6 Projects Funded

  • KidsINNscience: Innovation in Science Education – Turning Kids on to Science (CP)
  • Primas: Promoting inquiry in mathematics and science education across Europe (CSA)
  • FIBONACCI: The FIBONACCI Project - Large scale dissemination of inquiry based science and mathematics education (CSA)
  • SED: Science Education for Diversity (CP)
  • ESTABLISH: European Science and Technology in Action Building Links with Industry, Schools and Home (CSA)
  • TRACES: Transformative Research Activities. Cultural diversities and Education in Science (CP)

» FP7-SCIENCE-IN-SOCIETY-2010-1

Area 5.2.2.2 Reinforcing links between science education and science careers (CSA (Supporting))

6 Projects Funded

  • PROFILES: Professional Reflection-Oriented Focus on Inquiry-based Learning and Education though Science (CSA)
  • INQUIRE: INQUIRE- inquiry-based teacher training for a sustainable future (CSA)
  • Pathway: The Pathway to Inquiry Based Science Teaching (CSA)
  • SiS CATALYST: SiS Catalyst: Children as Change Agents for the future of Science in Society (CSA)
  • SECURE: Science Education CUrriculum Research (CP)
  • Pri-Sci-Net: Networking Primary Science Educators as a means to provide training and professional development in Inquiry Based Teaching (CSA)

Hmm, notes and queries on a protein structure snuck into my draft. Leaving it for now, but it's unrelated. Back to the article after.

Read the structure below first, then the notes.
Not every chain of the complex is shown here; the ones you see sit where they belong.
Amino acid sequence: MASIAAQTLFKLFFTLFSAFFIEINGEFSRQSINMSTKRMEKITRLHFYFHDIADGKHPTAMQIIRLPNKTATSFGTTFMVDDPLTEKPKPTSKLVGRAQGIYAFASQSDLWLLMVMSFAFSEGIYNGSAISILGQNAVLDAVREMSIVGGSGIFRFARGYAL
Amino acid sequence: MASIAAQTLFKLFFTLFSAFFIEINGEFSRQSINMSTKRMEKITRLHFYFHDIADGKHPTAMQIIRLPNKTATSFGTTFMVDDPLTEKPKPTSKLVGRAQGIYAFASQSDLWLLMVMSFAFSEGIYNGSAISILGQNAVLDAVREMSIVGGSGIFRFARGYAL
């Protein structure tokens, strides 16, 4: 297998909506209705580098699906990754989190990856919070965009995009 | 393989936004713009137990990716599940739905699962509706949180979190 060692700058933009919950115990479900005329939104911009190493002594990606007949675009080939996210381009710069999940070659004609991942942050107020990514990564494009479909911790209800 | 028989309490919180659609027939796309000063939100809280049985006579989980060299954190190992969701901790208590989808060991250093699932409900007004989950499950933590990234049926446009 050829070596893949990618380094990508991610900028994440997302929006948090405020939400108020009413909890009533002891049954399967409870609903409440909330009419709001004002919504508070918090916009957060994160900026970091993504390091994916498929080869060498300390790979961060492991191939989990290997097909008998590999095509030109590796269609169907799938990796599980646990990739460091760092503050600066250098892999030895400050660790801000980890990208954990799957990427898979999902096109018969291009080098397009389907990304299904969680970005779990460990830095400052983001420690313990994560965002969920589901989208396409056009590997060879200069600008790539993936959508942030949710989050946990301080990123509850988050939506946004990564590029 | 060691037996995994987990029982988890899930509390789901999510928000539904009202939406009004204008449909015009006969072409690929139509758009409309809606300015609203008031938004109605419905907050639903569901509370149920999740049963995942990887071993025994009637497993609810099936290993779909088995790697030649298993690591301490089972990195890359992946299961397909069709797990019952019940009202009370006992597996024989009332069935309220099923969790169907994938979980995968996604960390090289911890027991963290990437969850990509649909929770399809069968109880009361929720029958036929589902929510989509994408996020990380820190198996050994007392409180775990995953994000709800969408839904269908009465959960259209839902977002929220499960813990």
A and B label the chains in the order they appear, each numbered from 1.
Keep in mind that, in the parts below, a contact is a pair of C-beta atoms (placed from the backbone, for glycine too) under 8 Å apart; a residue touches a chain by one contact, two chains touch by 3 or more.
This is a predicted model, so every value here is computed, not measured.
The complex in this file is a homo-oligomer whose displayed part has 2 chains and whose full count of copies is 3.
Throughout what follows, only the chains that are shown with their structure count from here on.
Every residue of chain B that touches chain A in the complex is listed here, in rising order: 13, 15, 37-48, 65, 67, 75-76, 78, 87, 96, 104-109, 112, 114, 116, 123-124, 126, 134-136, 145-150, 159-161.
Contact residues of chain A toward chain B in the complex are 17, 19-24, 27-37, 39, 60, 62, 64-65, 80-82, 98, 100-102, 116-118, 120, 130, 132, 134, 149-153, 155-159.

» FP7-SCIENCE-IN-SOCIETY-2010-CAREERS

SiS-2010-2.2.2-1 Reinforcing links between science education and S&T careers in the private sector through reinforcing the partnership industry/education

1 Project Funded

  • ECB: European Coordinating Body in Maths, Science and Technology Education (ECB) (CSA)

» FP7-SCIENCE-IN-SOCIETY-2011-1

Area 5.2.2.3: Research and coordination actions on new methods in science education

3 Projects Funded

  • ENGINEER: brEaking New Ground IN the sciencE Education Realm (CSA)
  • CreativeLittleScient: Creative Little Scientists: Enabling Creativity through Science and Mathematics in Preschool and First Years of Primary Education (CP)
  • SAILS: Strategies for Assessment of Inquiry Learning in Science (CSA)

» FP7-SCIENCE-IN-SOCIETY-2012-1

Area 5.2.2.1: Supporting formal and informal science education in schools as well as through science centres and museums and other relevant means.